# Series with complex numbers

#### Lisa91

##### New member
Let's take $$\sum_{n=1}^{\infty} (-i)^{n} a_{n}$$, which is convergent , $$a_{n} > 0$$. What can we say about the convergence of this one: $$\sum_{n=1}^{\infty} (-1)^{n} a_{n}?$$ What can I do with it?

#### MarkFL

Staff member
I would try writing the known convergent series as a complex value in rectangular form where we know the two parameters must also be convergent.

#### Lisa91

##### New member
Do you mean something like this $$\sum_{n=2k}^{\infty} (-i)^{2k} a_{2k}$$? Well, we could use $$\frac{1}{(2k)^{2}}$$ instead of $$a_{2k}$$.

#### MarkFL

Staff member
I meant to write:

$\displaystyle \sum_{n=1}^{\infty}(-i)^na_n=\sum_{n=1}^{\infty}(-1)^na_{2n}+i\sum_{n=1}^{\infty}(-1)^na_{2n-1}=a+bi$

Therefore:

$\displaystyle \sum_{n=1}^{\infty}(-1)^na_{2n}+\sum_{n=1}^{\infty}(-1)^na_{2n-1}=a+b$

$\displaystyle \sum_{n=1}^{\infty}(-1)^na_{n}=a+b$

#### Lisa91

##### New member
I am not so sure whether I got the idea. I divide the series into two parts. It's clear when I write its first terms. But then we take $$a+b$$ - the imaginary and real part. On what basis can we add these two parts?

I guess the main idea is to show that the series $$\sum_{n=1}^{\infty}(-1)^na_{n}$$ is a part of it so it must be convergent but I don't really see it.

#### MarkFL

Staff member
If the given series converges to some complex value, i.e.,

$\displaystyle \sum_{n=1}^{\infty}(-i)^na_n=\sum_{n=1}^{\infty}(-1)^na_{2n}+i\sum_{n=1}^{\infty}(-1)^na_{2n-1}=a+bi$

Then we must have:

$\displaystyle \sum_{n=1}^{\infty}(-1)^na_{2n}=a$

$\displaystyle \sum_{n=1}^{\infty}(-1)^na_{2n-1}=b$

and so:

$\displaystyle \sum_{n=1}^{\infty}(-1)^na_{2n}+\sum_{n=1}^{\infty}(-1)^na_{2n-1}=\sum_{n=1}^{\infty}(-1)^na_{n}=a+b$

#### Lisa91

##### New member
We can write the following ones as:

$$\sum_{n=1}^{\infty}(-1)^na_{2n}$$

$$-a_{1}+a_{3}-a_{5}+...$$

$$\sum_{n=1}^{\infty}(-1)^na_{2n-1}$$

$$-a_{2}+a_{4}-a_{6}+...$$

So we get:

$$-a_{1}-a_{2}+a_{3}+a_{4}-a_{5}-a_{6}+...$$

$$\sum_{n=1}^{\infty}(-1)^na_{n}$$ the series differs a liitle bit.

#### chisigma

##### Well-known member
Let's take $$\sum_{n=1}^{\infty} (-i)^{n} a_{n}$$, which is convergent , $$a_{n} > 0$$. What can we say about the convergence of this one: $$\sum_{n=1}^{\infty} (-1)^{n} a_{n}?$$ What can I do with it?
According to the so called 'Abel's Test' if for a complex sequence $a_{n}$ is $\displaystyle \lim_{n \rightarrow \infty} a_{n}=0$ and the series...

$\displaystyle f(z)= \sum_{n=0}^{\infty} a_{n}\ z^{n}$ (1)

... converges when $|z|<1$ and diverges when $|z|>1$ and the coeffcints $a_{n}$ are positive real numbers monotonically tending to 0, then f(z) converges everywhere on the unit circle except in z=1. Are You in such conditions?...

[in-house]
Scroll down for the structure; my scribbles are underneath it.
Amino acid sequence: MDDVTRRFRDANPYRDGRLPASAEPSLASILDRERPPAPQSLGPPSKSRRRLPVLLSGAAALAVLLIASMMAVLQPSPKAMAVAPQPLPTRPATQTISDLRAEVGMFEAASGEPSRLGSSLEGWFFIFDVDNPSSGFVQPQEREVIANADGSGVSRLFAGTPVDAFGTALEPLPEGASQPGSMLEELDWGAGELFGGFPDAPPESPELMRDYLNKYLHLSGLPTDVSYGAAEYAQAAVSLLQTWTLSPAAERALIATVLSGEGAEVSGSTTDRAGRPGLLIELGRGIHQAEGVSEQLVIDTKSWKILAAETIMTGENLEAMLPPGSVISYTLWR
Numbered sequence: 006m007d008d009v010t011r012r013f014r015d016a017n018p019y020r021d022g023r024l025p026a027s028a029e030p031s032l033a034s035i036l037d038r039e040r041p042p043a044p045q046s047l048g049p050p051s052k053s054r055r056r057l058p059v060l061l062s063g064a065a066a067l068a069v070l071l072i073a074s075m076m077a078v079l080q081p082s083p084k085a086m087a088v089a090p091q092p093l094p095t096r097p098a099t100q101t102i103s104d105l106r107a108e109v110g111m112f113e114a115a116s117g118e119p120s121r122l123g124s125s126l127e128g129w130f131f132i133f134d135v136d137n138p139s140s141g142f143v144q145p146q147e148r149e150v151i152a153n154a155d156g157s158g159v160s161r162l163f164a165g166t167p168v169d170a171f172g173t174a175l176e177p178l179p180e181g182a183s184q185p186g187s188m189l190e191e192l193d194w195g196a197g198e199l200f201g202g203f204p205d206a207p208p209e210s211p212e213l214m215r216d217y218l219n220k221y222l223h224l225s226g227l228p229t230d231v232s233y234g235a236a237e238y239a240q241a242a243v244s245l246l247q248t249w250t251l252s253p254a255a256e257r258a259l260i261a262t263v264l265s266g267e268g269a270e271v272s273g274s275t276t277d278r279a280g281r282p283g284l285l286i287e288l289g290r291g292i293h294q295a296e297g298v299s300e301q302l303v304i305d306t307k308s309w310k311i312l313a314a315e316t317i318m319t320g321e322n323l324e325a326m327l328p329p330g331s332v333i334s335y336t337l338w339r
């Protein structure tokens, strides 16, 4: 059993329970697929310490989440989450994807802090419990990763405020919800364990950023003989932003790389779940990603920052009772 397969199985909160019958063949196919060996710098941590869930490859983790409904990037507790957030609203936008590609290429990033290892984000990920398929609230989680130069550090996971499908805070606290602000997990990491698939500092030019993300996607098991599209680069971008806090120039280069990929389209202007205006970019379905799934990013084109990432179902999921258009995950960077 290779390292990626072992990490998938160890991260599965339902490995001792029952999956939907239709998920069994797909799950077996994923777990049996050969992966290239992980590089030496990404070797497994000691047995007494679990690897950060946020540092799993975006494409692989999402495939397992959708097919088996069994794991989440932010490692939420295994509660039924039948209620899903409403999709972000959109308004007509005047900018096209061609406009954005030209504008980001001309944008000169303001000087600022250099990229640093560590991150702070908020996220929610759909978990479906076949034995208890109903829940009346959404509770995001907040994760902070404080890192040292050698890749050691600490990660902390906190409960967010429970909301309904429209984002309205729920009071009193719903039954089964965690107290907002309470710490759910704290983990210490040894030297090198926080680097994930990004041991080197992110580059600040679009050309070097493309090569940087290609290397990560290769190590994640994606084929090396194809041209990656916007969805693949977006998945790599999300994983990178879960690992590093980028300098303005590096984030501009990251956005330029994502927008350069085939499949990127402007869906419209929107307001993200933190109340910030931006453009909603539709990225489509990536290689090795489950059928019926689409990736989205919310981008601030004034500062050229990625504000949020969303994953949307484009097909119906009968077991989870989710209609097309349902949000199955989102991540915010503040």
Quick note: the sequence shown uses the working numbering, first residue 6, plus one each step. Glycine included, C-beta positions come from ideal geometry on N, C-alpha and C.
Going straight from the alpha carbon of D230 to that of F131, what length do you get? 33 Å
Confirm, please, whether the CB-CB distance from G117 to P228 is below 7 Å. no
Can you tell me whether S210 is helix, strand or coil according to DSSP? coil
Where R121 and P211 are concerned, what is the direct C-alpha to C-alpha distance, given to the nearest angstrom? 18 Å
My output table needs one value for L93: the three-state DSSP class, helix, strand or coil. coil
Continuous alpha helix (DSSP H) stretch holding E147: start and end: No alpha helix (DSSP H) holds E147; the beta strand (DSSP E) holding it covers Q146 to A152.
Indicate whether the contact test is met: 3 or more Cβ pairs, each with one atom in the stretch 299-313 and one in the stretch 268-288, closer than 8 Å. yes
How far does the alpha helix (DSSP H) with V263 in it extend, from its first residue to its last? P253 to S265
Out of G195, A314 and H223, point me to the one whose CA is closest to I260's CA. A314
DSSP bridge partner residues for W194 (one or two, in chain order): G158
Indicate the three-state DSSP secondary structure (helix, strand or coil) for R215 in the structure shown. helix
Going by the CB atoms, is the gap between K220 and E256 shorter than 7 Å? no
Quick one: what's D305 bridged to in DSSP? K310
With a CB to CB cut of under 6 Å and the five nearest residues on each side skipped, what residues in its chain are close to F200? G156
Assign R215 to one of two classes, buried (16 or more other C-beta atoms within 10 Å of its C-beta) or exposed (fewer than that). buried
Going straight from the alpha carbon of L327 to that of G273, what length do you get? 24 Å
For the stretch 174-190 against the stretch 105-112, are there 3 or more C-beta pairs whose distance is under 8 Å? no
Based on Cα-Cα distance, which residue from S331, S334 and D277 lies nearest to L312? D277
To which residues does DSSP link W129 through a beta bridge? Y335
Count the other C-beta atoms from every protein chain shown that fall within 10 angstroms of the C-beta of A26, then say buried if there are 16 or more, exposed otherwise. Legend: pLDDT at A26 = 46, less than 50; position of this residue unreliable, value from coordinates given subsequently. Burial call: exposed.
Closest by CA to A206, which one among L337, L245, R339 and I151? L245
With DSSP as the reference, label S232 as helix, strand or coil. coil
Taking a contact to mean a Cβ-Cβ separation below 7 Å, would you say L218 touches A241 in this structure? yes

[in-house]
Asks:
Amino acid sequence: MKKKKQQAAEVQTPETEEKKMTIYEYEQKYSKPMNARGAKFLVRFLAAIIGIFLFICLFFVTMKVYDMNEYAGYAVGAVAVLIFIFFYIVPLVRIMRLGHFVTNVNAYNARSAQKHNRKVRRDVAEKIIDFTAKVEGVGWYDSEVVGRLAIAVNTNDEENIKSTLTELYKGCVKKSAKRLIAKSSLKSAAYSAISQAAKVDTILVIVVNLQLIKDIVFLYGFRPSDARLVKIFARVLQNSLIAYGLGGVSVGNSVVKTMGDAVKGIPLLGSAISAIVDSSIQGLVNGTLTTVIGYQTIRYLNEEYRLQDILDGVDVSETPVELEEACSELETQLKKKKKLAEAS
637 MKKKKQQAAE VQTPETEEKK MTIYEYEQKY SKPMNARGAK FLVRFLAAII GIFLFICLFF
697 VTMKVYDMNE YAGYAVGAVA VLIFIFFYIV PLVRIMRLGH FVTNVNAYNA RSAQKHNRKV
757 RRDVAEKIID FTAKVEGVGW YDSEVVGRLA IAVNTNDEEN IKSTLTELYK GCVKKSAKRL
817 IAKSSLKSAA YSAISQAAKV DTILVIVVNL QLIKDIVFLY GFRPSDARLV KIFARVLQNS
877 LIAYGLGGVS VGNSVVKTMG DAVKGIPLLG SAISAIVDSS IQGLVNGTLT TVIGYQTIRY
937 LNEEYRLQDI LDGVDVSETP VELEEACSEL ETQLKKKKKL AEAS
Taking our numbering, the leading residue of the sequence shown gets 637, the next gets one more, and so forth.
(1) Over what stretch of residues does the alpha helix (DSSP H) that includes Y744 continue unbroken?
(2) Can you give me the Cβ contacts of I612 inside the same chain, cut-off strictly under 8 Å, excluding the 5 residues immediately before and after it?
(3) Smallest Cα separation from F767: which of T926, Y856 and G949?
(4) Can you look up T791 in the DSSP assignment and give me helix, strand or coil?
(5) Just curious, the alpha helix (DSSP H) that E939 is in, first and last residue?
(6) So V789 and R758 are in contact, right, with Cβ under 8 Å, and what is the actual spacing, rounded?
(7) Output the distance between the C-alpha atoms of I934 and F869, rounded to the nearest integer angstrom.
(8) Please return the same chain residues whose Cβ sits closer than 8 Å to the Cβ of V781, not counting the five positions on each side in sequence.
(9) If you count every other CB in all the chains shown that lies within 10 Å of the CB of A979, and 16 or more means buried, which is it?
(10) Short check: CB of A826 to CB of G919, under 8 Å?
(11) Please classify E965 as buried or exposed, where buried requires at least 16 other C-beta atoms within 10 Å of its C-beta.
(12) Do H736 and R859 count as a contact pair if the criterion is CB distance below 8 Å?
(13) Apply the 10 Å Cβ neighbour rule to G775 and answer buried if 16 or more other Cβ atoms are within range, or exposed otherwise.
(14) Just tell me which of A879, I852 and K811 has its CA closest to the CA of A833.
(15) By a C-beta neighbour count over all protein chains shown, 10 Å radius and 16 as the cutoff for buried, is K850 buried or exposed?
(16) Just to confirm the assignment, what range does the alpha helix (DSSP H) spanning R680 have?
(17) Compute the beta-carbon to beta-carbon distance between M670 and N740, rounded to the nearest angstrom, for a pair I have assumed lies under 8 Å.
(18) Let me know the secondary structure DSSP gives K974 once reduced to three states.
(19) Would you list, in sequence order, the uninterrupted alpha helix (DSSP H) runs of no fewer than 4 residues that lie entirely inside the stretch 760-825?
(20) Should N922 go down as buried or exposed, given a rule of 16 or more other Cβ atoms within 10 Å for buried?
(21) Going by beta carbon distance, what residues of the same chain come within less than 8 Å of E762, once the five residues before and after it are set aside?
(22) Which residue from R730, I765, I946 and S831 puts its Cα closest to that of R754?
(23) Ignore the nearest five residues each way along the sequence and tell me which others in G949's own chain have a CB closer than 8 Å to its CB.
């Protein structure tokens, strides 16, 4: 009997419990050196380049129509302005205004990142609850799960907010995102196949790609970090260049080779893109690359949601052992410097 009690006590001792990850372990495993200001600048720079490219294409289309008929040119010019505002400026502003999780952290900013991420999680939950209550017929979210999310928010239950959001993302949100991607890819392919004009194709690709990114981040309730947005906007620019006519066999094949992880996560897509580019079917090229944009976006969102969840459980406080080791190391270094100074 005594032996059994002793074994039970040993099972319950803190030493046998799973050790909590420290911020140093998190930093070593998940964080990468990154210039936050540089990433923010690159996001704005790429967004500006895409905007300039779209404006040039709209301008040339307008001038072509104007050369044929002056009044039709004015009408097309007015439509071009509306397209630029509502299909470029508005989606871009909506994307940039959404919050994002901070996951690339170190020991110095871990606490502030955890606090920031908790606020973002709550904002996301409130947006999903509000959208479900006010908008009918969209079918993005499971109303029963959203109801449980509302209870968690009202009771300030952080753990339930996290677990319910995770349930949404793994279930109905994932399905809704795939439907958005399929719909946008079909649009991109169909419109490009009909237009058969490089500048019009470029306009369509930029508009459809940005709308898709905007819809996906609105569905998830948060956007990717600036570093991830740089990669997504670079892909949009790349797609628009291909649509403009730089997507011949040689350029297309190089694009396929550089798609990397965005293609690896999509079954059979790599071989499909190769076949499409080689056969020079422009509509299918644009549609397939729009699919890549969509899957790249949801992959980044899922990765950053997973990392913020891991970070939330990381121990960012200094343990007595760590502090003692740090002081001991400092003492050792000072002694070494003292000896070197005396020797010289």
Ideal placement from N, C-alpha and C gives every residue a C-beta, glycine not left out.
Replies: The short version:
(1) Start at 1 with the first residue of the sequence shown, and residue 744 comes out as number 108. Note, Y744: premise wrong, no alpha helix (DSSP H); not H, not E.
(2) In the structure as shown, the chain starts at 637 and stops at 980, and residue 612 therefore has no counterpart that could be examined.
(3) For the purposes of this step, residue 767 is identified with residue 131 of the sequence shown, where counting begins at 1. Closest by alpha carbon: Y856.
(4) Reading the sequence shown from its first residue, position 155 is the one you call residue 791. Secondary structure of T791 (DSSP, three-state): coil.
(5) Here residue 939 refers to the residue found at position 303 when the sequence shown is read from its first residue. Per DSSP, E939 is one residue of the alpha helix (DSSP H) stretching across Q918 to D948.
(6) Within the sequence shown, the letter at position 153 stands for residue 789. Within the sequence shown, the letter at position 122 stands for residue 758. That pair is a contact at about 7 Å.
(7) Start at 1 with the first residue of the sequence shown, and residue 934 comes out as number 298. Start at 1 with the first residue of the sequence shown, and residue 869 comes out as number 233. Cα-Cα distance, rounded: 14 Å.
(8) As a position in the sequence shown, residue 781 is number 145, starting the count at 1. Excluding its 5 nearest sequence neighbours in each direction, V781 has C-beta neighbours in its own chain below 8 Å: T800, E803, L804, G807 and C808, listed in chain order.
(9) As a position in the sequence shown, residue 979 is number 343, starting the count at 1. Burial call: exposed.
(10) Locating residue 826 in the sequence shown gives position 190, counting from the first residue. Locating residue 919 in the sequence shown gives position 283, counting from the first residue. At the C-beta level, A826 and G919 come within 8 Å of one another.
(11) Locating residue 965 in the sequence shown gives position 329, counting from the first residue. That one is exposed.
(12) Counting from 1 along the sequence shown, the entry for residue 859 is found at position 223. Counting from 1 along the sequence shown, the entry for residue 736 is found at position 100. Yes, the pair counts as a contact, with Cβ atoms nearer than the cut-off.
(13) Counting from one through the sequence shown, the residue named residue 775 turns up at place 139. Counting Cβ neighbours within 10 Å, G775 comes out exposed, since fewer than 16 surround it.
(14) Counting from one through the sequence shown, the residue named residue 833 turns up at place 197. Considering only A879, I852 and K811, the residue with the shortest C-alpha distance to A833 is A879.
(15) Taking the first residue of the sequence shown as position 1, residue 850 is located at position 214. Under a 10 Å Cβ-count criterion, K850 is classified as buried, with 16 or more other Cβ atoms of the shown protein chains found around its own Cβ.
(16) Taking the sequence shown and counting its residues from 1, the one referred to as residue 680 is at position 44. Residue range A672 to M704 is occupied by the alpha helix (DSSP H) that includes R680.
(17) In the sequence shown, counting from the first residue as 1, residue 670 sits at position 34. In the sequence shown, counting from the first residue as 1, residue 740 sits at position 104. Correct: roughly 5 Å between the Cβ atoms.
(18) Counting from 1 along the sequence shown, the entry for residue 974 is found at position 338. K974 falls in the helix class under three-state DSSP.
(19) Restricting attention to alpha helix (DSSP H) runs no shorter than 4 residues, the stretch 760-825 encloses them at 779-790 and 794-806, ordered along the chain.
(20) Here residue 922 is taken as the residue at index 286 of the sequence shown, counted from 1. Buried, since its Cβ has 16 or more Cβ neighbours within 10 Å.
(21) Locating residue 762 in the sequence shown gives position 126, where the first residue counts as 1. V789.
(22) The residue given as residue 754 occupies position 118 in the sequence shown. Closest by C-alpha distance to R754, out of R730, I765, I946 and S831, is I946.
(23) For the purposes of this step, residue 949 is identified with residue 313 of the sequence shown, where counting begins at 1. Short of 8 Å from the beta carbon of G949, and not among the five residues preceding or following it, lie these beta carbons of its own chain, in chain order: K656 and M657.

Kind regards

$\chi$ $\sigma$

#### Lisa91

##### New member
According to the so called 'Abel's Test' if for a complex sequence $a_{n}$ is $\displaystyle \lim_{n \rightarrow \infty} a_{n}=0$ and the series...

$\displaystyle f(z)= \sum_{n=0}^{\infty} a_{n}\ z^{n}$ (1)

... converges when $|z|<1$ and diverges when $|z|>1$ and the coeffcints $a_{n}$ are positive real numbers monotonically tending to 0, then f(z) converges everywhere on the unit circle except in z=1. Are You in such conditions?...

Kind regards

$\chi$ $\sigma$
$$|z|= |0^{2}+(-1)^{2}| = |1|$$ so according to the rule we don't know whether it is convergent or not...

#### chisigma

##### Well-known member
$$|z|= |0^{2}+(-1)^{2}| = |1|$$ so according to the rule we don't know whether it is convergent or not...
If You consider the series...

$\displaystyle \sum_{n=0}^{\infty} a_{n}\ z^{n}$ (1)

... You know that it converges for $z=-i$. That implies that, because $(-i)^{n}$ doesn't tend to 0 with n, is $\displaystyle \lim_{n \rightarrow \infty} a_{n}=0$. You know also that for all n is $a_{n}>0$. Two of the requirement of the Abel criterion are satisfied, so that You can [preliminary...] conclude that the series converges on all the unit circle with the exception of z=1 [so that it converges for z=-1...] if for all n 'large enough' is $a_{n+1}<a_{n}$. Now we have to analyse if the last limitation can be in some way overcomed...

Kind regards

$\chi$ $\sigma$

#### MarkFL

Staff member
We can write the following ones as:

$$\sum_{n=1}^{\infty}(-1)^na_{2n}$$

$$-a_{1}+a_{3}-a_{5}+...$$

$$\sum_{n=1}^{\infty}(-1)^na_{2n-1}$$

$$-a_{2}+a_{4}-a_{6}+...$$

So we get:

$$-a_{1}-a_{2}+a_{3}+a_{4}-a_{5}-a_{6}+...$$

$$\sum_{n=1}^{\infty}(-1)^na_{n}$$ the series differs a liitle bit.
You're absolutely right; what I suggested doesn't work. #### Opalg

##### MHB Oldtimer
Staff member
Let's take $$\sum_{n=1}^{\infty} (-i)^{n} a_{n}$$, which is convergent , $$a_{n} > 0$$. What can we say about the convergence of this one: $$\sum_{n=1}^{\infty} (-1)^{n} a_{n}?$$ What can I do with it?
Under those conditions, the series $\sum_{n=1}^{\infty} (-1)^{n} a_{n}$ need not converge. Suppose for example that $a_n = \begin{cases} 1/n^2 & (n \text{ odd}) \\ 1/n & (n \text{ even}) \end{cases}$. Then $$\sum_{n=1}^{\infty} (-i)^{n} a_{n} = \biggl(i\sum_1^\infty \frac{(-1)^n}{(2n-1)^2}\biggr) + \biggl(\sum_1^\infty \frac{(-1)^n}{2n}\biggr),$$ and both of the bracketed series converge. But $$\sum_{n=1}^{\infty} (-1)^{n} a_{n} = -1+\frac12 -\frac1{3^2} + \frac14 -\frac1{5^2} + \frac16 - \ldots\,.$$ In that series, the negative terms form a convergent series, but the positive terms form a divergent series, and so the whole series must diverge.